We recommend Healthy Sautéeing mustard greens rather than using the more traditional methods of boiling or steaming mustard greens. Healthy Sauté helps to keep them from getting soft and watery and retains their flavor. Chop mustard greens and let them sit for at least 5 minutes to enhance their health-promoting benefits before cooking. See Healthiest Way of Cooking Mustard Greens in the How to Enjoy section below.

Mustard Greens, cooked
1.00 cup
(140.00 grams)
Calories: 36
GI: very low

NutrientDRI/DV

vitamin K922%

  vitamin A96%

  vitamin C47%

  copper22%

  manganese19%

  calcium17%

  vitamin E17%

  fiber11%

  vitamin B68%

  phosphorus8%

  iron7%

  vitamin B27%

  protein7%

  potassium6%

  magnesium5%

  vitamin B15%

  vitamin B34%

  pantothenic acid3%

  folate3%


Jump to

  • Health Benefits
  • Description
  • History
  • How to Select and Store
  • Tips for Preparing and Cooking
  • How to Enjoy
  • Individual Concerns
  • Nutritional Profile

    Health Benefits

    Unlike some of their fellow cruciferous vegetables, mustard greens have not been the direct focus of most health-oriented research studies. However, mustard greens have sometimes been included in a longer list of cruciferous vegetables that have been lumped together and studied to determine potential types of health benefits. Based upon several dozen studies involving cruciferous vegetables as a group (and including mustard greens on the list of vegetables studied), cancer prevention appears to be a standout area for mustard greens when summarizing health benefits.

    This connection between mustard greens and cancer prevention should not be surprising since mustard greens provide special nutrient support for three body systems that are closely connected with cancer development as well as cancer prevention. These three systems are (1) the body's detox system, (2) its antioxidant system, and (3) its inflammatory/anti-inflammatory system. Chronic imbalances in any of these three systems can increase risk of cancer, and when imbalances in all three systems occur simultaneously, the risk of cancer increases significantly. Among all types of cancer, prevention of the following cancer types is most closely associated with intake of mustard greens: bladder cancer, breast cancer, colon cancer, lung cancer, prostate cancer, and ovarian cancer.

    Detox Support Provided by Mustard Greens

    The detox support provided by mustard greens includes antioxidant nutrients to boost Phase 1 detoxification activities and sulfur-containing nutrients to boost Phase 2 activities. Mustard greens also contain phytonutrients called glucosinolates that can help activate detoxification enzymes and regulate their activity. At least three key glucosinolates have been clearly identified in mustard greens in significant amounts: sinigrin, gluconasturtiian, and glucotropaeolin.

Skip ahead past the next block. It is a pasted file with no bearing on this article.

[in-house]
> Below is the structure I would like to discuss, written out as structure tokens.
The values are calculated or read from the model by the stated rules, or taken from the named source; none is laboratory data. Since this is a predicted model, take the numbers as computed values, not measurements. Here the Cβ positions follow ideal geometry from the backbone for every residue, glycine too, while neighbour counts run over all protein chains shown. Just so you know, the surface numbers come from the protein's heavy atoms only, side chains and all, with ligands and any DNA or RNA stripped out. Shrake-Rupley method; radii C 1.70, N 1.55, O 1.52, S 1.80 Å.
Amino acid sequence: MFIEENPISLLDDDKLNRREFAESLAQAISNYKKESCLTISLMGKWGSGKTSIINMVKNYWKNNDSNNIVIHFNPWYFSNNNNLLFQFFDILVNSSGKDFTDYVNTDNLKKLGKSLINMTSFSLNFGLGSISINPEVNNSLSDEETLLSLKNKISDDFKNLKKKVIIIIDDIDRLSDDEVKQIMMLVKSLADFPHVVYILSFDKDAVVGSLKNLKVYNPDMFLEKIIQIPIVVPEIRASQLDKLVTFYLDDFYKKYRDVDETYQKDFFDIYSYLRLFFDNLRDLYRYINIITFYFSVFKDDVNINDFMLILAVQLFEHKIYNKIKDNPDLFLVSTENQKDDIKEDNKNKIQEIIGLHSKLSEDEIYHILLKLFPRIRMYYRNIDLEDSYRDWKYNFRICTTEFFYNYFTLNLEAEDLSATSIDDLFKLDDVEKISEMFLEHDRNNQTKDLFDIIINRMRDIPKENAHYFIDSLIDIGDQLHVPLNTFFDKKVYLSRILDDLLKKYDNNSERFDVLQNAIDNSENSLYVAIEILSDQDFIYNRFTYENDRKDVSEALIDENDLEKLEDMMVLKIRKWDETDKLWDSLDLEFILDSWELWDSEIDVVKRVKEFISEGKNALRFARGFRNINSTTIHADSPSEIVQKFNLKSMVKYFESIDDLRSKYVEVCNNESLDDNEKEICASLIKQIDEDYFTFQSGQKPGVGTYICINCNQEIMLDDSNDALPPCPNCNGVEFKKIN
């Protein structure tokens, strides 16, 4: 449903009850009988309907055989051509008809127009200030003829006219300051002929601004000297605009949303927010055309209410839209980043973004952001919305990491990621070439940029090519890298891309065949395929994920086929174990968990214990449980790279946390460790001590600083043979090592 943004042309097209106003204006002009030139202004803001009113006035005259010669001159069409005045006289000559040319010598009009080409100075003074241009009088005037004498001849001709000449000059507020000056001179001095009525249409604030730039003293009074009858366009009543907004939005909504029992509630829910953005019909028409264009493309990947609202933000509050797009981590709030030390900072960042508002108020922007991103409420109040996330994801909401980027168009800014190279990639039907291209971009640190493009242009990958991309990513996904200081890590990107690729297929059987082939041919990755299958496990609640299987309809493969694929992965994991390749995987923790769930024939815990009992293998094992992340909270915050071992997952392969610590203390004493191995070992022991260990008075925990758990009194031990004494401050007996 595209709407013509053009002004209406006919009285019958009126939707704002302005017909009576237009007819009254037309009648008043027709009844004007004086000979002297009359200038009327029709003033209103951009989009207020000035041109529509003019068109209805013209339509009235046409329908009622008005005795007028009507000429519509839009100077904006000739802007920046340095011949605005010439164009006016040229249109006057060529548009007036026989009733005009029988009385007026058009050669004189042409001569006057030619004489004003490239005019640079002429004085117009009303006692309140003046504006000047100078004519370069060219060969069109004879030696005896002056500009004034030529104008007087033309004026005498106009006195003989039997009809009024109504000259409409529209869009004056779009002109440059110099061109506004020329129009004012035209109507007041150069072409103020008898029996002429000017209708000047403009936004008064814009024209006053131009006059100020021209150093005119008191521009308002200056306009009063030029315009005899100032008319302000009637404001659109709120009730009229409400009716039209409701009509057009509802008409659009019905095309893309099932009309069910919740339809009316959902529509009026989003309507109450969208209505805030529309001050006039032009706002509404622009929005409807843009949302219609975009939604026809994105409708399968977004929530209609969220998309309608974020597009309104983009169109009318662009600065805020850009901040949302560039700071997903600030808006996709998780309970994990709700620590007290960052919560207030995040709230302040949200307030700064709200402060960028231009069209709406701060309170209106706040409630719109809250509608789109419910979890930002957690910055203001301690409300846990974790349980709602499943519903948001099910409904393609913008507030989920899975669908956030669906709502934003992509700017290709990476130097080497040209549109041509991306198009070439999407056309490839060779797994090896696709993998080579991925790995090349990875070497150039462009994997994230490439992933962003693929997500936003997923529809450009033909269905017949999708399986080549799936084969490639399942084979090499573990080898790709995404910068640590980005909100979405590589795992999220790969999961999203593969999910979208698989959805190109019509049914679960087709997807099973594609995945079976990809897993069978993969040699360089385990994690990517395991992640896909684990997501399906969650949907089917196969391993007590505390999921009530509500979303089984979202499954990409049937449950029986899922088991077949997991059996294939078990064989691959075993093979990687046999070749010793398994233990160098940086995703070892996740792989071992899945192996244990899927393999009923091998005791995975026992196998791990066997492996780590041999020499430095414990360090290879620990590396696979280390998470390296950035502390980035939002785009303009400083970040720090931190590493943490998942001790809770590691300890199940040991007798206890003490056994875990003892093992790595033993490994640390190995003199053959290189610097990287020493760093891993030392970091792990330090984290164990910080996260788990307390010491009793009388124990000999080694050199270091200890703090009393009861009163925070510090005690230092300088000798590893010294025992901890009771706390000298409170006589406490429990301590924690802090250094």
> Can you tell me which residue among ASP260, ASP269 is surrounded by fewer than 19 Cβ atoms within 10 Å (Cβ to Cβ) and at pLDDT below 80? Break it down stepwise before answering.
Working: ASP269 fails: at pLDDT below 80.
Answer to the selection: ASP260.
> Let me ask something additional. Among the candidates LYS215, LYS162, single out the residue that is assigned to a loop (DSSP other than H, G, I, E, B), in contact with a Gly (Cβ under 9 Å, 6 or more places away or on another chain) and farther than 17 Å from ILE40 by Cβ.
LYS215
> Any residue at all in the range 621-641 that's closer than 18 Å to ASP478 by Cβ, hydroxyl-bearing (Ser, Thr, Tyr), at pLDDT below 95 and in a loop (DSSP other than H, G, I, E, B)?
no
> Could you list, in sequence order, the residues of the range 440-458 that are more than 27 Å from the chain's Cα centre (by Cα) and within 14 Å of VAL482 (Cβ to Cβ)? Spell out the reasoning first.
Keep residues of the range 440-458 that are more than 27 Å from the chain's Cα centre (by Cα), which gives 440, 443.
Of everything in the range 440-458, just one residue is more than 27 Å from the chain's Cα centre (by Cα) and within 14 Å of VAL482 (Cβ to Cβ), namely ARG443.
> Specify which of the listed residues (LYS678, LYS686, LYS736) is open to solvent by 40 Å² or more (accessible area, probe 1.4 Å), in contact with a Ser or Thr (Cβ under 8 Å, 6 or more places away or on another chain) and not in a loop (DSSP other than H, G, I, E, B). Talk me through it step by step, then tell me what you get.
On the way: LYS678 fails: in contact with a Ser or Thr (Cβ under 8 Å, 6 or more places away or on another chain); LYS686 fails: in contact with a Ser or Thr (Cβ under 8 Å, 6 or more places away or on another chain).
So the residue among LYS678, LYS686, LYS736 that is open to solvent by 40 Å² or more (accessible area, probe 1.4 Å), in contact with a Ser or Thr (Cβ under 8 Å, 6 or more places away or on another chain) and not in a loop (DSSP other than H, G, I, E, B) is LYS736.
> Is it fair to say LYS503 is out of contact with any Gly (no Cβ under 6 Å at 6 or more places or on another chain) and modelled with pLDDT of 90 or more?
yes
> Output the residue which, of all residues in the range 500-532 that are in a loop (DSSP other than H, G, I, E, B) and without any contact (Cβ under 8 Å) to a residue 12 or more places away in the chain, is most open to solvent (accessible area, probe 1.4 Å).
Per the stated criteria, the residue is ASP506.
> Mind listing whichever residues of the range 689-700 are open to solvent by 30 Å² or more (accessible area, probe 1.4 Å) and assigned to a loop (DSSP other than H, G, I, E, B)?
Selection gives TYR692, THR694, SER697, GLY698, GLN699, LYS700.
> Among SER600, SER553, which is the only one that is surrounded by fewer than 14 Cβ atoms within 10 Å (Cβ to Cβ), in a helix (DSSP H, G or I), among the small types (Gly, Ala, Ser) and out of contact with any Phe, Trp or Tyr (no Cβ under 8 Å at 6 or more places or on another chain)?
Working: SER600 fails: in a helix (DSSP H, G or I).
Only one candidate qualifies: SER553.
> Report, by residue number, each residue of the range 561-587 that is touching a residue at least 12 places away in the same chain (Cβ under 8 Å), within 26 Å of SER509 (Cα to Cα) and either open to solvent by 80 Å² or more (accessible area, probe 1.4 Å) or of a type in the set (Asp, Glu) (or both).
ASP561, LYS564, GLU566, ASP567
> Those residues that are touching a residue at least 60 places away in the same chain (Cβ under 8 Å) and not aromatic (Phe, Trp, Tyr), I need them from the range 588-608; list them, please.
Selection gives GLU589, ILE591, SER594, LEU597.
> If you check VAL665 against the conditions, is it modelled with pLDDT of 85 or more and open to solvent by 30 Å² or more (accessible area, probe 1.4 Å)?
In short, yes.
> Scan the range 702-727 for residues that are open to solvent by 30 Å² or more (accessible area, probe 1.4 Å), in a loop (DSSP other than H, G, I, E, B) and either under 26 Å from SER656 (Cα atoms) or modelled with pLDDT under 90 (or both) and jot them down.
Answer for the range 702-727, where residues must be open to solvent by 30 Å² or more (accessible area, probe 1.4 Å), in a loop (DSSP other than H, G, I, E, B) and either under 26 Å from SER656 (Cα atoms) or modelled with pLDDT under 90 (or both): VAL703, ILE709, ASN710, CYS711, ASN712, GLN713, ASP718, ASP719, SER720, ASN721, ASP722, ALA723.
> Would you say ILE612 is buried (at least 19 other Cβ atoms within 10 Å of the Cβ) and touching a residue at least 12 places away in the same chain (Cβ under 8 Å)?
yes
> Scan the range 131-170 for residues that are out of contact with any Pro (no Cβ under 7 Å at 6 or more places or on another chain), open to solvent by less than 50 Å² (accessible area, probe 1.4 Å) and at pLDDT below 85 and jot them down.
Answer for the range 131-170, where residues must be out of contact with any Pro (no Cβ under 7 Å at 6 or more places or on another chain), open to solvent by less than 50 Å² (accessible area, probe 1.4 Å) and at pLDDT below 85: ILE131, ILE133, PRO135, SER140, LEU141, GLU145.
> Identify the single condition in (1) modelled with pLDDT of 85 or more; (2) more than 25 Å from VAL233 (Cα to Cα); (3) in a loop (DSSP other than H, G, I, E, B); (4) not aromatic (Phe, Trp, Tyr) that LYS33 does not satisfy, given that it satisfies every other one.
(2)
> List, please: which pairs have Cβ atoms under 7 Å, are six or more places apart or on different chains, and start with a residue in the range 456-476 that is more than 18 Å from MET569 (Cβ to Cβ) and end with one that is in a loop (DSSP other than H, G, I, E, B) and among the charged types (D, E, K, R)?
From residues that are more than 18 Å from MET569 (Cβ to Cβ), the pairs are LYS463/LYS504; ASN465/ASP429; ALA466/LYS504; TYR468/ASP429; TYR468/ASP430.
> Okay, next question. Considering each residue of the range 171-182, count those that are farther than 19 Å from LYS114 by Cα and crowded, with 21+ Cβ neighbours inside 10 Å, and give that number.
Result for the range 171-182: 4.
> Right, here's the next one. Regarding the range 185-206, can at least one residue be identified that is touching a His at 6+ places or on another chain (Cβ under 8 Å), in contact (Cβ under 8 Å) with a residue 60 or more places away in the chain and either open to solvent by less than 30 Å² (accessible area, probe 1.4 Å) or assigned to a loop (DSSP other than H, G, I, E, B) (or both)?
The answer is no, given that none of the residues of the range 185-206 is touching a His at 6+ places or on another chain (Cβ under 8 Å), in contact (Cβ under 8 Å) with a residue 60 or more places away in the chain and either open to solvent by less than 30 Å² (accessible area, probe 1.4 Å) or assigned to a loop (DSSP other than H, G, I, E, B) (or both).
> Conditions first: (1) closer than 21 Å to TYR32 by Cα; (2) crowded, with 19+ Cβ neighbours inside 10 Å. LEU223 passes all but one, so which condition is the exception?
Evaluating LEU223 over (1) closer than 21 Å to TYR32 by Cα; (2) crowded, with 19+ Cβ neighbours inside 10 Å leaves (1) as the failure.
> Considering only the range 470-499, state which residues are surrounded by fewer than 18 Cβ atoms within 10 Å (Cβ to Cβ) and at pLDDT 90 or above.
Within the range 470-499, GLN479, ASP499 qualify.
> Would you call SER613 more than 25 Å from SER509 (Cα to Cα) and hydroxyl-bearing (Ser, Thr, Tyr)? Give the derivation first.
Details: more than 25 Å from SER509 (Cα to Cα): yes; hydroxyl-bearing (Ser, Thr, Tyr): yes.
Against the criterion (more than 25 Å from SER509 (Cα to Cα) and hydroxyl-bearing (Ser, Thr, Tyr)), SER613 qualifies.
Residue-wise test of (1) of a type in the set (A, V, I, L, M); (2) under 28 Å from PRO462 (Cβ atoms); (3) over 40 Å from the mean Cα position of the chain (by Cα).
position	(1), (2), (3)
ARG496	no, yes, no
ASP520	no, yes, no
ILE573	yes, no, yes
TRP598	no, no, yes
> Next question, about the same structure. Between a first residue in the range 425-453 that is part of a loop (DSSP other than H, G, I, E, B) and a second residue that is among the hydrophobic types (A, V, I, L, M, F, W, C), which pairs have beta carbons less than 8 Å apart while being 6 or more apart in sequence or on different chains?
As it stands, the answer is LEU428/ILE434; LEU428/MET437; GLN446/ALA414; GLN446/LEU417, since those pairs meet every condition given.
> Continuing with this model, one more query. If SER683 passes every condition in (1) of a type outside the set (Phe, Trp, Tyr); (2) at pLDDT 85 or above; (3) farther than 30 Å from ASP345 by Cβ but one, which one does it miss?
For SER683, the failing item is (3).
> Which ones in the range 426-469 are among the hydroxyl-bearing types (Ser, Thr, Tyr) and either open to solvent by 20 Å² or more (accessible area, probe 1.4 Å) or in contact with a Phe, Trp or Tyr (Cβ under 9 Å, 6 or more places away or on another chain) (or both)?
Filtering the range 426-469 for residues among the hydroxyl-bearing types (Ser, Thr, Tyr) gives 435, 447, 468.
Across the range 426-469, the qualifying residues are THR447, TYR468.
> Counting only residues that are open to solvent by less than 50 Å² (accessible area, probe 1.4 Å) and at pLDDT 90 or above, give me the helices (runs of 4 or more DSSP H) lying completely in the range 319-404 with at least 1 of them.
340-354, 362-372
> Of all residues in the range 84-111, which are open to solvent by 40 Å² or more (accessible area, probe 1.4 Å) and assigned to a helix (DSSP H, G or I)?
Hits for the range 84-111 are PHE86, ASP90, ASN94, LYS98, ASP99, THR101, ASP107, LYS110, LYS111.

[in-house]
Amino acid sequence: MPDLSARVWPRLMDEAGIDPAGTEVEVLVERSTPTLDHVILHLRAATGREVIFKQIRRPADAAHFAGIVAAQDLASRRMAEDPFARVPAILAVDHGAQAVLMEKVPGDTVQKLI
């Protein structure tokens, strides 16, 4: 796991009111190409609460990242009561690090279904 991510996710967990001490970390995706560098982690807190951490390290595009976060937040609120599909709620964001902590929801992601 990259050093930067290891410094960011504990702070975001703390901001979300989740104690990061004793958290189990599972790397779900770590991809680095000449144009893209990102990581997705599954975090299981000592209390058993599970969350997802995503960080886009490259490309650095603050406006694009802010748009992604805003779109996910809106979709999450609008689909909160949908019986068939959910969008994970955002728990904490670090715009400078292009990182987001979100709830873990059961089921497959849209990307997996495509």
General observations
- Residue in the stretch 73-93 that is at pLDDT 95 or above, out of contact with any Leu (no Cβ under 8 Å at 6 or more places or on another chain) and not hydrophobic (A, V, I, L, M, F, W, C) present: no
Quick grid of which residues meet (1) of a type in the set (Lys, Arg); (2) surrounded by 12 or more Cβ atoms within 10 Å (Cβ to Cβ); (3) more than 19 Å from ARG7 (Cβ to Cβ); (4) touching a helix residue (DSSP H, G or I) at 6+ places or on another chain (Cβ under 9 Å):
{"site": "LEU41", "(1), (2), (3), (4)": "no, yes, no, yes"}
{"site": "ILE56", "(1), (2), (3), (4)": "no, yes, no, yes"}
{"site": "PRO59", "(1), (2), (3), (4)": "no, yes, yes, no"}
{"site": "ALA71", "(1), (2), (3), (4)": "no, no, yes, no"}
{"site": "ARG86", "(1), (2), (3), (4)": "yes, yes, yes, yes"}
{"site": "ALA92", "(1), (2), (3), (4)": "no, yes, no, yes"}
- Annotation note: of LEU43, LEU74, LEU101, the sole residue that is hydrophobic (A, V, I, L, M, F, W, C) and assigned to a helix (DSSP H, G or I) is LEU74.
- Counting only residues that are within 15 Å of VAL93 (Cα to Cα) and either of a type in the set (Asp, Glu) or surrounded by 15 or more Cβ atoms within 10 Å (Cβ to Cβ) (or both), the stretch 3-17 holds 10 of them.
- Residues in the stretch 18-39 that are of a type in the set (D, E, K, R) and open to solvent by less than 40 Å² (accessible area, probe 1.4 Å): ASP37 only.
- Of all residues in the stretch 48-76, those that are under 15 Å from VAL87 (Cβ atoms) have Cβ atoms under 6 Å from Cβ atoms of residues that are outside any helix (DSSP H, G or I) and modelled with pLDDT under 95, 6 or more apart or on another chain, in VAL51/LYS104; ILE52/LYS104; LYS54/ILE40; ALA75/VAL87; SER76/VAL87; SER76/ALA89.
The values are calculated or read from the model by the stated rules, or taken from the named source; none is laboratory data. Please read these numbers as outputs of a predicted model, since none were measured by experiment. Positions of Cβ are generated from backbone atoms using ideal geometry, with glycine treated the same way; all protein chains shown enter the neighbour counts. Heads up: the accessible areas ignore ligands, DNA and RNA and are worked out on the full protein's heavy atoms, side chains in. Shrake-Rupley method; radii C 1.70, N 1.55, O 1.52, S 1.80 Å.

If we fail to give our body's detox system adequate nutritional support, yet continue to expose ourselves to unwanted toxins through our lifestyle and our dietary choices, we can place our bodies at increased risk of toxin-related damage that can eventually increase our cells' risk of becoming cancerous. That's one of the reasons it's so important to bring mustard greens and other cruciferous vegetables into our diet on a regular basis.

    The Antioxidant Benefits of Mustard Greens

    As an excellent source of vitamin C, vitamin E, vitamin A (in the form of carotenoids), and manganese, mustard greens give us high level support for four conventional antioxidant nutrients. But the antioxidant support provided by mustard greens extends far beyond these conventional nutrients and into the realm of phytonutrients. Hydroxycinnamic acid, quercetin, isorhamnetin, and kaempferol are among the key antioxidant phytonutrients provided by mustard greens. This broad spectrum antioxidant support helps lower the risk of oxidative stress in our cells. Chronic oxidative stress—meaning chronic presence of overly reactive oxygen-containing molecules and cumulative damage to our cells by these molecules—is a risk factor for development of most cancer types. By providing us with a diverse array of antioxidant nutrients, mustard greens help lower our cancer risk by helping us avoid chronic and unwanted oxidative stress.

    Mustard Greens' Anti-inflammatory Benefits

    As an excellent source of vitamin K, mustard greens provide us with great amounts of a hallmark anti-inflammatory nutrient. Vitamin K acts as a direct regulator of our inflammatory response. While glucobrassicin (a glucosinolate found in many cruciferous vegetables, and the precursor for the anti-inflammatory molecule indole-3-carbinol) does not appear to be present in mustard greens in significant amounts, other glucosinolates present in mustard greens may provide important anti-inflammatory benefits and are the subject of current research.

    Like chronic oxidative stress and chronic weakened detox ability, chronic unwanted inflammation can significantly increase our risk of cancers and other chronic diseases (especially cardiovascular diseases).

    Mustard Greens and Cardiovascular Support

    Researchers have looked at a variety of cardiovascular problems—including heart attack, ischemic heart disease, and atherosclerosis—and found preliminary evidence of an ability on the part of cruciferous vegetables to lower our risk of these health problems. Yet regardless of the specific cardiovascular problem, it is one particular type of cardiovascular benefit that has most interested researchers, and that benefit is the anti-inflammatory nature of mustard greens and their fellow cruciferous vegetables. Scientists have not always viewed cardiovascular problems as having a central inflammatory component, but the role of unwanted inflammation in creating problems for our blood vessels and circulation has become increasingly fundamental to an understanding of cardiovascular diseases. While glucoraphanin (a glucosinolate found in many cruciferous vegetables, and the precursor for sulforaphane, an isothiocyanate with important anti-inflammatory properties) does not appear to be present in mustard greens in significant amounts, other glucosinolates present in mustard greens may provide important anti-inflammatory benefits and are the subject of current research.